What is Montessori?
"We discovered that education is not something which the teacher does, but that it is a natural process which develops spontaneously in the human being." – Maria Montessori
Developed by Dr. Maria Montessori in the early 20th century, the Montessori Method is a child-centered educational approach designed to foster critical thinking in a collaborative and hands-on learning environment.
Montessori schools afford a deep respect for children as unique individuals, with particular focus on children's social and emotional development. Encouraging children to become independent thinkers - a necessary skill as they prepare for tomorrow's workforce - is a core component of Montessori education.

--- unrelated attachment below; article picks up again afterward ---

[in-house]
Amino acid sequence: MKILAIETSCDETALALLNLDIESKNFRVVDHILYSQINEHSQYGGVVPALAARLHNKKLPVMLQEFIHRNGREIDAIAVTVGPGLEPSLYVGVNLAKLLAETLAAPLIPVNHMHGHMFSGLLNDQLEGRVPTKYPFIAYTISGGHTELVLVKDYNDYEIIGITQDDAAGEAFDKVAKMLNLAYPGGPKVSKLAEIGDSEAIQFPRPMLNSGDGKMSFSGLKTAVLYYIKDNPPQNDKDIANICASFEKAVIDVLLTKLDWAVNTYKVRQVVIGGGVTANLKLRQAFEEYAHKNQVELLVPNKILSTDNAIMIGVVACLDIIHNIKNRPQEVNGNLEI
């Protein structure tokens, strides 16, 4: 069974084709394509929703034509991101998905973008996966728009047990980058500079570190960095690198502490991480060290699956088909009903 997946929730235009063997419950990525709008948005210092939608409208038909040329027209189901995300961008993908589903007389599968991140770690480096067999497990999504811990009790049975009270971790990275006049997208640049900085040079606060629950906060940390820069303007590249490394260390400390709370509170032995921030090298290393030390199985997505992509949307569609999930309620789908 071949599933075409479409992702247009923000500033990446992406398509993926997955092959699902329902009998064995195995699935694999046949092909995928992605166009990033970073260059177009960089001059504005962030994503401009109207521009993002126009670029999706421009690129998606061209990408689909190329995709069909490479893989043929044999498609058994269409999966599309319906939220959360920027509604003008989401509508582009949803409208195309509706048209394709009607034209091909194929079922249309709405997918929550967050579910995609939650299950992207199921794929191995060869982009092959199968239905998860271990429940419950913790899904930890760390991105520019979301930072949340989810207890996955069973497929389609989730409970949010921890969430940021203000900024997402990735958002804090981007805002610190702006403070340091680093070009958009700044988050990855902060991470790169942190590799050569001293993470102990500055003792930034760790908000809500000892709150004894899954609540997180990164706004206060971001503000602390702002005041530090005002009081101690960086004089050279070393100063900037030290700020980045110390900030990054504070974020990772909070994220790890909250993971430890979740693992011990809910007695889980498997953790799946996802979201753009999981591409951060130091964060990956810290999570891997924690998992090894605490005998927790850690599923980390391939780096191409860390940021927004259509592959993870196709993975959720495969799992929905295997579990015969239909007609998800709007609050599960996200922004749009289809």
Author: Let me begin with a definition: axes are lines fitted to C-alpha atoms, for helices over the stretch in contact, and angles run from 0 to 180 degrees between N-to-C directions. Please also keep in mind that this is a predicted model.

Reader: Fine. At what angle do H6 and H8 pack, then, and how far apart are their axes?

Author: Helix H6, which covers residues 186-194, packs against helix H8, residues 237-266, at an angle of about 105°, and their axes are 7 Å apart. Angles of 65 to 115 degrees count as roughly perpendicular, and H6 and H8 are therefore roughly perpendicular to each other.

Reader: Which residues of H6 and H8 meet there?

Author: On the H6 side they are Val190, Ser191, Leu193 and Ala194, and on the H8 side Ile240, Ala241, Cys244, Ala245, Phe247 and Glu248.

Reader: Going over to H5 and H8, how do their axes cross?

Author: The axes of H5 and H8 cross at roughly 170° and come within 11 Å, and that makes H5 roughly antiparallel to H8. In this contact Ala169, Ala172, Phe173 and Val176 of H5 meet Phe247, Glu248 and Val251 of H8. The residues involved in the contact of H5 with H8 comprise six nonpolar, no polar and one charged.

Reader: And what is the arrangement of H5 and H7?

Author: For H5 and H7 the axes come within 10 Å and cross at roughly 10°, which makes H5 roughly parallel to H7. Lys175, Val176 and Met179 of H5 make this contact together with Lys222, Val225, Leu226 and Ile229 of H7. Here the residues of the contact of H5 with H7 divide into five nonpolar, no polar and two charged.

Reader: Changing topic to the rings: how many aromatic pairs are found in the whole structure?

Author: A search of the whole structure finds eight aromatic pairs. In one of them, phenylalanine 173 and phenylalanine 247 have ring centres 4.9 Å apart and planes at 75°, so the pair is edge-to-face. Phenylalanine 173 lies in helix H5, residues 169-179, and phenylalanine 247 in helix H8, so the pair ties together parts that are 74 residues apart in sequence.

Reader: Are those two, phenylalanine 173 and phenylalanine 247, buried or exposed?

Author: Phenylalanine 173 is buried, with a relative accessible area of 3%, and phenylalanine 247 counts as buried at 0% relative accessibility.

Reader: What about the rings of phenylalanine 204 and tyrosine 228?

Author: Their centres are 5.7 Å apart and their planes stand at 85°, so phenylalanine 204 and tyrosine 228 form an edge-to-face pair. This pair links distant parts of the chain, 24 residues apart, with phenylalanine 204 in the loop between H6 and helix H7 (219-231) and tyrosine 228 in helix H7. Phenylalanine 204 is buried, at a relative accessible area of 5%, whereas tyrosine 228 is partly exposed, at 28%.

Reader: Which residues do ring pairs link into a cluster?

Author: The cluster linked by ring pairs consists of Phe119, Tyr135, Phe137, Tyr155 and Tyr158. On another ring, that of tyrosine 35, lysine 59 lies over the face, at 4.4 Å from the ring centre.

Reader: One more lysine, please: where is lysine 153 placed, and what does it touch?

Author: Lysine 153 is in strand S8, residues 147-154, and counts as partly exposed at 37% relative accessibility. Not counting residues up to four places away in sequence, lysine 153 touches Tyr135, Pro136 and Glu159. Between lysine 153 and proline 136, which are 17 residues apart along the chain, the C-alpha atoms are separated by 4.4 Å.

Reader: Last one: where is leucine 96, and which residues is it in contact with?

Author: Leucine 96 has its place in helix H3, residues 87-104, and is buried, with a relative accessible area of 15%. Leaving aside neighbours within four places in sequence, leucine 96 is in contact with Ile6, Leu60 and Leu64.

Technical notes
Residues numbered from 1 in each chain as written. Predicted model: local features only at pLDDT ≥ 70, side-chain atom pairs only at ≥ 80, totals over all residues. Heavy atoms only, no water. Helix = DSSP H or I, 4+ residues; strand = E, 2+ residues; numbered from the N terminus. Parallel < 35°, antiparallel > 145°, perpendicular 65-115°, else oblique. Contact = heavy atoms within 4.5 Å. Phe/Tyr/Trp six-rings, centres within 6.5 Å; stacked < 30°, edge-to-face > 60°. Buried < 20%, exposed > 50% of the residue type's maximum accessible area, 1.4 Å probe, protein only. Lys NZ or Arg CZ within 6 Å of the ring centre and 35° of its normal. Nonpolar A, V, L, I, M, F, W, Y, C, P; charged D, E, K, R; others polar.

Montessori education is based on these concepts:
- The aim of Montessori education is to foster autonomous, competent, responsible and adaptive citizens who are lifelong learners and problem-solvers.
- Learning occurs in an inquisitive, cooperative and nurturing atmosphere. Students build their own knowledge through self- and teacher-initiated experiences.
- Learning is experiential, taking place using all of the senses. Particularly during the early years of a Montessori education, students learn through manipulating materials and interacting with others. These meaningful experiences serve as precursors for developing an understanding of more abstract concepts.
- The individual is considered as a whole. Physical, emotional, social, aesthetic and cognitive needs and interests are inseparable and equally important.
- Respect for oneself, others, the environment and life is necessary to develop a caring attitude toward all people.
- Montessori teachers follow the child, not the curriculum, tailoring lessons and experiences to meet a child's individual needs.